The Tokyo stock market appears poised to snap out of a three-month correction. Having reached a high of 20,833 on April 12, the 225- issue Nikkei average fell to 16,008 on May 15 and is now hovering around 17,500.
The Nikkei average appears likely to move between 17,200 and 18,400 in the near term.
Market participants are no longer fretting about an economic downturn. They have taken heart from the latest batch of corporate earnings reports and a growing flow of money into the market. Fears of further volatility in New York share prices are also abating.
The market is pinning high hopes on positive economic policy measures and structural reform programs advocated by the new Cabinet of Prime Minister Yoshiro Mori.
Private forecasting agencies are more sanguine about economic prospects than government offices. Fourteen private think tanks are forecasting a 1.8 percent real increase in the gross domestic product for the current fiscal year on average, against 1.0 percent projected by the government.
Many major firms are indicating they will revise their earnings projections upward for the current business year to March. The growing market forces of supply and demand could meanwhile presage high-priced market activity in the coming months.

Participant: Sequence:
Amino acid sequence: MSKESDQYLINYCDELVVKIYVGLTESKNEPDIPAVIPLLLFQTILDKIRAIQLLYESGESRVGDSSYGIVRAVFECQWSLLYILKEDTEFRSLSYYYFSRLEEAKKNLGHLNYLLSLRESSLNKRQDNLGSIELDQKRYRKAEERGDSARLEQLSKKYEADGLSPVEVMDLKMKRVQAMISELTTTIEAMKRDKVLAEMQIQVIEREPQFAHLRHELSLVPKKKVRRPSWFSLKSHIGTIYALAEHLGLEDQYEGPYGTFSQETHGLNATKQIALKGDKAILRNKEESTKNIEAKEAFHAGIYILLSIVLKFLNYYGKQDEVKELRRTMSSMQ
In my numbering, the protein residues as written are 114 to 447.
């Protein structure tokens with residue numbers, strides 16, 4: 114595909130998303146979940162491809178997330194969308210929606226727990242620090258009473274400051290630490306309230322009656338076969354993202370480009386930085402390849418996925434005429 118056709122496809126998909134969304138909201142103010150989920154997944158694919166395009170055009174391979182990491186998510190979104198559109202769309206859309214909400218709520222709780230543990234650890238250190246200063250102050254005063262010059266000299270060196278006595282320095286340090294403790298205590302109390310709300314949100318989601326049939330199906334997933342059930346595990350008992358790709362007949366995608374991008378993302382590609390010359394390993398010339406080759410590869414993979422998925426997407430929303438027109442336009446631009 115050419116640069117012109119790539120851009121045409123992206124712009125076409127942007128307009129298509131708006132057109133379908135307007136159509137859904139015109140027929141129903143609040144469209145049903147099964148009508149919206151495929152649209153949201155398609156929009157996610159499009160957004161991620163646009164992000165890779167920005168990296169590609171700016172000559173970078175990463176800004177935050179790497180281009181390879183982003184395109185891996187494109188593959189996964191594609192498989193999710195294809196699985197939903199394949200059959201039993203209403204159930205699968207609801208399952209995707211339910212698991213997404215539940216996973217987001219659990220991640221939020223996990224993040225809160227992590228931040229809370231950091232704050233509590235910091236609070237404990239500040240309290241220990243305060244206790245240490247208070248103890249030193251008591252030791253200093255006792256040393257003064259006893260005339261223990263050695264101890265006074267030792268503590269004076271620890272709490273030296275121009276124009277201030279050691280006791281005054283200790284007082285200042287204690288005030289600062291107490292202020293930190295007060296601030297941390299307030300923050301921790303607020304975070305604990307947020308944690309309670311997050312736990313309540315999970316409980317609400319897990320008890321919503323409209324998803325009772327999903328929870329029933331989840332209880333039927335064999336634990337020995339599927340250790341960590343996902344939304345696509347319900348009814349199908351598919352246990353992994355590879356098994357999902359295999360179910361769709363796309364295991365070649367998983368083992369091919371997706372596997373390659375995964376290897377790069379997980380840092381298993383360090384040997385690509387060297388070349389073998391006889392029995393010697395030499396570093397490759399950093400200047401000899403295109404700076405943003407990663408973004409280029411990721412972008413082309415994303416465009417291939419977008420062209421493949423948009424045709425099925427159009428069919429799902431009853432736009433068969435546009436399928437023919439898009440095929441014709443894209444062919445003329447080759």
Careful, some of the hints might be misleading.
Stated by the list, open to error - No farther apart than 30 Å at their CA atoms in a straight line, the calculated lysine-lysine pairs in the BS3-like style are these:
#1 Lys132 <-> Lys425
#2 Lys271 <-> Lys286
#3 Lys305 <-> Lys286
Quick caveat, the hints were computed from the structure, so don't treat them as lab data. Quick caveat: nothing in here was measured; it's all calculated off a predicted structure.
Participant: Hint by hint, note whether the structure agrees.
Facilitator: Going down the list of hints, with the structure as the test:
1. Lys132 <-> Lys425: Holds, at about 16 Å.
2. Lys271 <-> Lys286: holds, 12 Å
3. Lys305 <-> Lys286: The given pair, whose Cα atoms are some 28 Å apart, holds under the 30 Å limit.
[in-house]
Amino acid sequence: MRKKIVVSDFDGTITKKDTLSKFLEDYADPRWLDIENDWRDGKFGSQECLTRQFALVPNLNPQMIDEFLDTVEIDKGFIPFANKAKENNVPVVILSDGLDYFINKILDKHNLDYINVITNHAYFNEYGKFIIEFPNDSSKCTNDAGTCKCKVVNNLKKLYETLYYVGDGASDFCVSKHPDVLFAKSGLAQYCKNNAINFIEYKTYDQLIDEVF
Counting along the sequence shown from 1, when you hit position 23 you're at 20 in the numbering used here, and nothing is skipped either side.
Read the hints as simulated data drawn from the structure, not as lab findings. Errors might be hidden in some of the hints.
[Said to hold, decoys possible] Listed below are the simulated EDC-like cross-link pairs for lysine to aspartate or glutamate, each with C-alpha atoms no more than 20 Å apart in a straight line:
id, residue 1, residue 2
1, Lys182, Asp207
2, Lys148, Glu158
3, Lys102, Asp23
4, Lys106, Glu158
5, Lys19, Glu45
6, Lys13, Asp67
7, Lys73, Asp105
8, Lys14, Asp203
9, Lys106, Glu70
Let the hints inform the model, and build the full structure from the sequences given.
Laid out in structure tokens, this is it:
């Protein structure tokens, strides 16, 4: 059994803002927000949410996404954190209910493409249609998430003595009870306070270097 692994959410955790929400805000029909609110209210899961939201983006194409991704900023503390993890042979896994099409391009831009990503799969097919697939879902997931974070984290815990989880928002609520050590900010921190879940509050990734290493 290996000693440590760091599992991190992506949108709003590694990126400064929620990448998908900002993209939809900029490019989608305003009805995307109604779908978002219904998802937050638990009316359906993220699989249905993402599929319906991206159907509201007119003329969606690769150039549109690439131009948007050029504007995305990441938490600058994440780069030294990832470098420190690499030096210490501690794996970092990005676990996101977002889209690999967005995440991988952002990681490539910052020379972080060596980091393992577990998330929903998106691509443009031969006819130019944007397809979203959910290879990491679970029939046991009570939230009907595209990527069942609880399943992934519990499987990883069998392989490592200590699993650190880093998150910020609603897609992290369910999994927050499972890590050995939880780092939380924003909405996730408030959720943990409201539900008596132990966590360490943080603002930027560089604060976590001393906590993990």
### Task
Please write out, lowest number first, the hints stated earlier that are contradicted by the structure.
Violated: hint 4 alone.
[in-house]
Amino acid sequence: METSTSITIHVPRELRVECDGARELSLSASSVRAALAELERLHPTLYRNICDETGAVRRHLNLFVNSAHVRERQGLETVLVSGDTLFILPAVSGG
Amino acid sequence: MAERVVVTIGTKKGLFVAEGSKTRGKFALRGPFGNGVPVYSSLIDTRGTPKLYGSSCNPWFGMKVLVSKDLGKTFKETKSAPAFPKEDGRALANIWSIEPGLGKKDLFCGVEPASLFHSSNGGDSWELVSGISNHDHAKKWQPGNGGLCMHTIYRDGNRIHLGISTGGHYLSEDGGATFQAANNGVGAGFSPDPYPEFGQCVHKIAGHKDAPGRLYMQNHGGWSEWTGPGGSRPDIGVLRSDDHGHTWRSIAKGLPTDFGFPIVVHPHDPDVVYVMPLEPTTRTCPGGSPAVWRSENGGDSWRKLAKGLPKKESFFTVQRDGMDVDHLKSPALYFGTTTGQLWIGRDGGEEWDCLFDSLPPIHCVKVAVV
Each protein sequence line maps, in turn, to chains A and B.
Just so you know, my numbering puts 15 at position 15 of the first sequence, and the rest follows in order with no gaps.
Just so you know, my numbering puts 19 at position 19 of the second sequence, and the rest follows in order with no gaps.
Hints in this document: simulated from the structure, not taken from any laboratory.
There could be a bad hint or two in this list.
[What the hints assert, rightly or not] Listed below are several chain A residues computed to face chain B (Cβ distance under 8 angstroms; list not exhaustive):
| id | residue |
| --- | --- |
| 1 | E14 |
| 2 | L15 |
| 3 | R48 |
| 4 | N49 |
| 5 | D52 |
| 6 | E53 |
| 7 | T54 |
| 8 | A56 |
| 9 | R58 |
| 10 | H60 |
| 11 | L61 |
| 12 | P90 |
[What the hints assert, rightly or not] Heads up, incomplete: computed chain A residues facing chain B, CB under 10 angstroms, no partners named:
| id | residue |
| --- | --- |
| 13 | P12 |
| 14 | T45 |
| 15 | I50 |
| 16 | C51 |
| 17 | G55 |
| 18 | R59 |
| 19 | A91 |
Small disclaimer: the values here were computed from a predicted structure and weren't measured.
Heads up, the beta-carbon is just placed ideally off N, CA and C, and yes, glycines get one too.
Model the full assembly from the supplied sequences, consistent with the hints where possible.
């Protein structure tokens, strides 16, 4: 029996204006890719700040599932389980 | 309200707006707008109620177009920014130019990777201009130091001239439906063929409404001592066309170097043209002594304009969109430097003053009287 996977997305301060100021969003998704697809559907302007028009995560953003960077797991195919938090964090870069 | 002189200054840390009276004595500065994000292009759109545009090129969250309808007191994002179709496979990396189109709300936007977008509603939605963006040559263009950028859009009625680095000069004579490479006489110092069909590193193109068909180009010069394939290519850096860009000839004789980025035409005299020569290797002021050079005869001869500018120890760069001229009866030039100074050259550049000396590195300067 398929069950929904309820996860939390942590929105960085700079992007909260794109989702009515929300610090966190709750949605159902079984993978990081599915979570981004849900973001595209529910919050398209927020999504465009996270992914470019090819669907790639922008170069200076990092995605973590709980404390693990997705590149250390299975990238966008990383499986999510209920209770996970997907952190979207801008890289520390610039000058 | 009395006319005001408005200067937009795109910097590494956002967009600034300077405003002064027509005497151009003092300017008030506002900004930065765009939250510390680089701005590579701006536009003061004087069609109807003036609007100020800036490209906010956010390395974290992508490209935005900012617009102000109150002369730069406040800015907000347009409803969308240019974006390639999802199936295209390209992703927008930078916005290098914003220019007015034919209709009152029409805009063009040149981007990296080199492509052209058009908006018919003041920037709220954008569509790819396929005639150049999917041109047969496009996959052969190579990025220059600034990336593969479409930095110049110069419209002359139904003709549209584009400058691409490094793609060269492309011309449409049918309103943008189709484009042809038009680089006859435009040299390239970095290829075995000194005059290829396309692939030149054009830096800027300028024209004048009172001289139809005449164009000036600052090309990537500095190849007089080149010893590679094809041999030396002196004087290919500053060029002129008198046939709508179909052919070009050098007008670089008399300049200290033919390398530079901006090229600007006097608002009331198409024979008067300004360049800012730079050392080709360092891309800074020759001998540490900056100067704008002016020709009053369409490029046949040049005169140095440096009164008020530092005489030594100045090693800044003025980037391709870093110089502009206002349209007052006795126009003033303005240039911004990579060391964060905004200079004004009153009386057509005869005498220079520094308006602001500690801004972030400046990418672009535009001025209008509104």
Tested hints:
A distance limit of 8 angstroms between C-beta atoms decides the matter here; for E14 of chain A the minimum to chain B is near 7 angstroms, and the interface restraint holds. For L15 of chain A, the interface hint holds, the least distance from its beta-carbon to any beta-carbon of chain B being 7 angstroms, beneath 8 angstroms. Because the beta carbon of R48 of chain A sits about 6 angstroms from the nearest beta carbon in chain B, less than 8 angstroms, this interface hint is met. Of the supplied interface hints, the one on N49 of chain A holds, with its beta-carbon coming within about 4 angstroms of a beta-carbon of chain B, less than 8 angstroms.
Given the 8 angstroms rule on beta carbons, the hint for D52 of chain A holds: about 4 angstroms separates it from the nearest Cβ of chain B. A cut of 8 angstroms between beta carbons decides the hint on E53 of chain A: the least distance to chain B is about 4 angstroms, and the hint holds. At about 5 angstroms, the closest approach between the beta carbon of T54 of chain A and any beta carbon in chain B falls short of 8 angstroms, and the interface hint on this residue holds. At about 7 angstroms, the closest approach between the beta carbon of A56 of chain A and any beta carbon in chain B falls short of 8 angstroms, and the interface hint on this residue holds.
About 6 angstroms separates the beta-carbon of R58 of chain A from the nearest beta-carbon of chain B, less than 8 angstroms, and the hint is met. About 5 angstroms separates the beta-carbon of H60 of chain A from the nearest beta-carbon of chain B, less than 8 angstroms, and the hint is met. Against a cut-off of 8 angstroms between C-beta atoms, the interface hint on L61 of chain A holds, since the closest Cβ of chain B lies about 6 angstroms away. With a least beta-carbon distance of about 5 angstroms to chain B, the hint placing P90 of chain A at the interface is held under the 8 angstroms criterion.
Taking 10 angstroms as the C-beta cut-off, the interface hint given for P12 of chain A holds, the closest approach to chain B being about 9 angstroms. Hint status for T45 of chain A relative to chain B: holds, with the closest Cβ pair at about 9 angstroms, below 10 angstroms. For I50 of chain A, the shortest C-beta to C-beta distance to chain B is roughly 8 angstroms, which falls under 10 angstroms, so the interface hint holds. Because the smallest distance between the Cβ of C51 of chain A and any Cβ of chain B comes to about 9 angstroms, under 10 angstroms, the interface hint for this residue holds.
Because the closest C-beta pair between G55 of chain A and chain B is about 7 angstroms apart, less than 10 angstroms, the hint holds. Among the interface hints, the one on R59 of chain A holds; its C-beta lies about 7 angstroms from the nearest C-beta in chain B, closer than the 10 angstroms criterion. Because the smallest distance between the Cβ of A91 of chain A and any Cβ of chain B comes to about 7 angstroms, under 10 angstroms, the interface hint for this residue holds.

Domestic institutional investors, notably investment trust banks, have been net buyers for months, while foreign investors turned net buyers recently for the first time in seven weeks.
Nonresident investors bought 68.07 billion yen more than they sold on the Tokyo, Osaka and Nagoya stock exchanges in the week to June 23, apparently counting on brightening economic and corporate earnings prospects. They are relieved that calm has returned to Wall Street.
The recent slew of U.S. economic reports pointed to benign inflation. Against this backdrop, the U.S. Federal Open Market Committee left short-term interest rates unchanged at its meeting last week, though it left the possibility open of credit-tightening at its next meeting set for Aug. 22.
Attention is also focusing on the Bank of Japan’s policy options amid speculation that the BOJ will soon end its “zero-interest-rate” policy.